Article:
The Ukraine scan­dal has split the Trump ad­min­is­tra­tion in un­prece­dented ways

The National - News - - OPINION - HUS­SEIN IBISH Hus­sein Ibish is a se­nior res­i­dent scholar at the Arab Gulf States In­sti­tute in Wash­ing­ton

All gov­ern­ments are di­vided but the Trump ad­min­is­tra­tion has de­vel­oped a set of schisms un­like any of its pre­de­ces­sors.

The House of Rep­re­sen­ta­tives’ in­ves­ti­ga­tion into the Ukraine scan­dal has re­vealed a gov­ern­ment that is di­vided, not only in fa­mil­iar, vir­tu­ally in­evitable ways but along un­prece­dented lines that have of­ten ren­dered both pol­icy and im­ple­men­ta­tion in­co­her­ent and self-con­tra­dic­tory.

Ob­vi­ously, there will be a vast di­vi­sion be­tween any White House and the Congress, par­tic­u­larly when some or all of it is con­trolled by the op­po­si­tion. And there is usu­ally con­sid­er­able space be­tween po­lit­i­cal ap­pointees at the top of the pol­i­cy­mak­ing struc­ture in the ex­ec­u­tive branch and ca­reer public ser­vants who mostly im­ple­ment those poli­cies. Add to that ide­o­log­i­cal fac­tions and in­sti­tu­tional and per­sonal ri­val­ries.

There has never been a gov­ern­ment any­where that didn’t have such in­ter­nal rifts and con­se­quent in­fight­ing. Still, the US ad­min­is­tra­tion is split not just along these fa­mil­iar lines but be­tween se­nior po­lit­i­cally ap­pointed of­fi­cials, who are try­ing to im­ple­ment stated pol­icy within the law, ver­sus those fol­low­ing pres­i­dent Don­ald Trump’s most capri­cious im­pulses.

That is not the same as any of the tra­di­tional schisms. It is the dif­fer­ence be­tween of­fi­cials who take pol­icy se­ri­ously and those who are al­most en­tirely in­ter­ested in Mr Trump’s per­sonal agenda. The Ukraine pol­icy is the most dra­matic ex­am­ple but hardly the only one.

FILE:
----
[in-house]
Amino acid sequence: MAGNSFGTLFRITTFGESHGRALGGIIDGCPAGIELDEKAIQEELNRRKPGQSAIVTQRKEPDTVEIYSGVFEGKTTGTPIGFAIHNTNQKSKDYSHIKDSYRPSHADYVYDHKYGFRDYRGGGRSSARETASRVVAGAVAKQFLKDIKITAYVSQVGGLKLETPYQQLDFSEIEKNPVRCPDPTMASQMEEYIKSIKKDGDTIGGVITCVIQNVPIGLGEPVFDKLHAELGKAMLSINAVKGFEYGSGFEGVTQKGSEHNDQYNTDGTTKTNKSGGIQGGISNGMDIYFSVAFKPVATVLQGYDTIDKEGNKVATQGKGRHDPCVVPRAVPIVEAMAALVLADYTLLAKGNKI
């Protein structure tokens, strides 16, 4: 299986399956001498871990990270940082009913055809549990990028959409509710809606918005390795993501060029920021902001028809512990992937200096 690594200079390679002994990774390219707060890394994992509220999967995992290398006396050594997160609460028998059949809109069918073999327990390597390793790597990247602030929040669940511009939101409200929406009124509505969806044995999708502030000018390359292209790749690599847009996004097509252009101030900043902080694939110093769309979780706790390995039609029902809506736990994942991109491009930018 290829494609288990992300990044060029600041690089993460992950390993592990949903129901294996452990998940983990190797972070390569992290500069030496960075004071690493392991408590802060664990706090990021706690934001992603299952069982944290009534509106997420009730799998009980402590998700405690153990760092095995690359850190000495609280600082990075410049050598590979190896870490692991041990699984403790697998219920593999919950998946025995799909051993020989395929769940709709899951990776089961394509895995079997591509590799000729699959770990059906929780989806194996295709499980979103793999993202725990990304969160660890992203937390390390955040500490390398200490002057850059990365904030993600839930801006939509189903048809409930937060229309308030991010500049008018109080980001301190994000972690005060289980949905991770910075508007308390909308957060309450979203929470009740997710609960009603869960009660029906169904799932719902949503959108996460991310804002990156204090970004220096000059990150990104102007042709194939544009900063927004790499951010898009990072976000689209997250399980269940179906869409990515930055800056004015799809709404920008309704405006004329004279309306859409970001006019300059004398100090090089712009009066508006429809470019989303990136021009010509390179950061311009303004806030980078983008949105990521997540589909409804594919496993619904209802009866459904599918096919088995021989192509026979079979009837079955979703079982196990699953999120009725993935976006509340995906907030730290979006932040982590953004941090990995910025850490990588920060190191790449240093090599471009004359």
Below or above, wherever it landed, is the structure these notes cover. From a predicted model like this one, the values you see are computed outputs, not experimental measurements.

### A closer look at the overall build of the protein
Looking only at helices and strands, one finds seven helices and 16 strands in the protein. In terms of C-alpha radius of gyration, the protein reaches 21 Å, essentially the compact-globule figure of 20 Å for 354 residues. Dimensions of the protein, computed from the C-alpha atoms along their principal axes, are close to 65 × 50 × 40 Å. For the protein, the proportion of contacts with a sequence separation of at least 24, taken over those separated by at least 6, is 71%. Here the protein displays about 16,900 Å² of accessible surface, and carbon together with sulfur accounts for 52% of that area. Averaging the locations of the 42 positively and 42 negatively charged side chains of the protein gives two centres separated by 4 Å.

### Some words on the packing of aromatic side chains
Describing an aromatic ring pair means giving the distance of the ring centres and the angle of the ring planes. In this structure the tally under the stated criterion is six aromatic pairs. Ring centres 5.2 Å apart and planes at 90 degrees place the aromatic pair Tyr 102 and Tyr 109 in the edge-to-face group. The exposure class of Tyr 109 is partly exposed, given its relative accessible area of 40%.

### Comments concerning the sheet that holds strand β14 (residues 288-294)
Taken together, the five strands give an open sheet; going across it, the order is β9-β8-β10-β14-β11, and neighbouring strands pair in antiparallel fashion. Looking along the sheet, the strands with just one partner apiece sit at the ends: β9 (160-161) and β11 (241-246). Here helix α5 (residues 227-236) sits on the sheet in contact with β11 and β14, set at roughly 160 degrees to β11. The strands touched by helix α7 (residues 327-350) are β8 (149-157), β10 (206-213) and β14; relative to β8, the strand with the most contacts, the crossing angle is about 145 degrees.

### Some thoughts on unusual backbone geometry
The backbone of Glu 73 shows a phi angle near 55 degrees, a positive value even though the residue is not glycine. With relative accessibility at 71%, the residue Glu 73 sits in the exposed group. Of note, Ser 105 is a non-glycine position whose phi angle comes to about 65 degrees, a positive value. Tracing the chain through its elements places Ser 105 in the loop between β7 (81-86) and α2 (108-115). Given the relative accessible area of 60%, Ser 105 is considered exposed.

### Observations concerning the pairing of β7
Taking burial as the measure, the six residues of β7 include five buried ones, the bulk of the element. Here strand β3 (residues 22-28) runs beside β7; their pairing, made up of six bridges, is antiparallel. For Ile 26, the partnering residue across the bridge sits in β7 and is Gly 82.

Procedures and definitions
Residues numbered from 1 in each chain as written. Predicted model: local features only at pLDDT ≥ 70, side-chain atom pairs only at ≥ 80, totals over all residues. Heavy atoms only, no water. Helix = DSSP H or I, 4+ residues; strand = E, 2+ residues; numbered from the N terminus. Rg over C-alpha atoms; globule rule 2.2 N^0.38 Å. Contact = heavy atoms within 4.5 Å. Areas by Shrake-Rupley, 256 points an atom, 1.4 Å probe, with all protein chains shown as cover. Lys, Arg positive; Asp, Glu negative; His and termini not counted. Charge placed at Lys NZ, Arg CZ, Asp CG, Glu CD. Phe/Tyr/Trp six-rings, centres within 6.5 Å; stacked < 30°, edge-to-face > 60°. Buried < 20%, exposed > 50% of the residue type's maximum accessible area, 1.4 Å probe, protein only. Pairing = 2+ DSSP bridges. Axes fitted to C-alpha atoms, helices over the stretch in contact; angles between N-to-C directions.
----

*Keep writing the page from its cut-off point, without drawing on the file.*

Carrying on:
In that case, now mostly for­mer of­fi­cials such as Mr Trump’s two am­bas­sadors to Ukraine, Marie Yo­vanovich and Wil­liam Tay­lor, as well as na­tional se­cu­rity ad­viser John Bolton and Na­tional Se­cu­rity Coun­cil staffers such as Fiona Hill and

Alexan­der Vind­man, among many oth­ers, strug­gled to im­ple­ment long-stand­ing and stated Ukraine pol­icy. That in­cluded pro­mot­ing an anti-cor­rup­tion cam­paign in co-or­di­na­tion with var­i­ous Euro­pean coun­tries and oth­ers, and sup­port for Ukraine’s re­sis­tance to a sep­a­ratist push by pro-Rus­sian in­sur­gents. As they sought to im­ple­ment these poli­cies, these of­fi­cials found them­selves con­fronting an­other group, led not by a ri­val of­fi­cial but the pres­i­dent’s pri­vate lawyer Rudy Gi­u­liani.

He was di­rect­ing a troika con­sist­ing of Ukraine en­voy Kurt Volker, en­ergy sec­re­tary Rick Perry and Euro­pean Union spe­cial en­voy Gor­don Sond­land, (who called them­selves the three ami­gos) in an ef­fort to sur­rep­ti­tiously pres­sure the Ukrainian gov­ern­ment to ini­ti­ate or at least pub­licly an­nounce a crim­i­nal in­ves­ti­ga­tion into a com­pany as­so­ci­ated with US pres­i­den­tial can­di­date Joe Bi­den’s son and an­other into a long-de­bunked con­spir­acy the­ory sug­gest­ing that for­eign in­ter­fer­ence in the 2016 elec­tion came from Ukraine on be­half of Democrats.

To se­cure Mr Trump’s po­lit­i­cal agenda, this fac­tion was will­ing to sac­ri­fice stated pol­icy and ig­nore or try to cir­cum­vent the law. After ini­tially deny­ing it, Mr Sond­land now ac­knowl­edges he told Ukrainian lead­ers that a White House meet­ing with Mr Trump and $400 mil­lion in emer­gency mil­i­tary aid would not be forth­com­ing with­out such an an­nounce­ment. It’s easy to see why Mr Trump wanted that.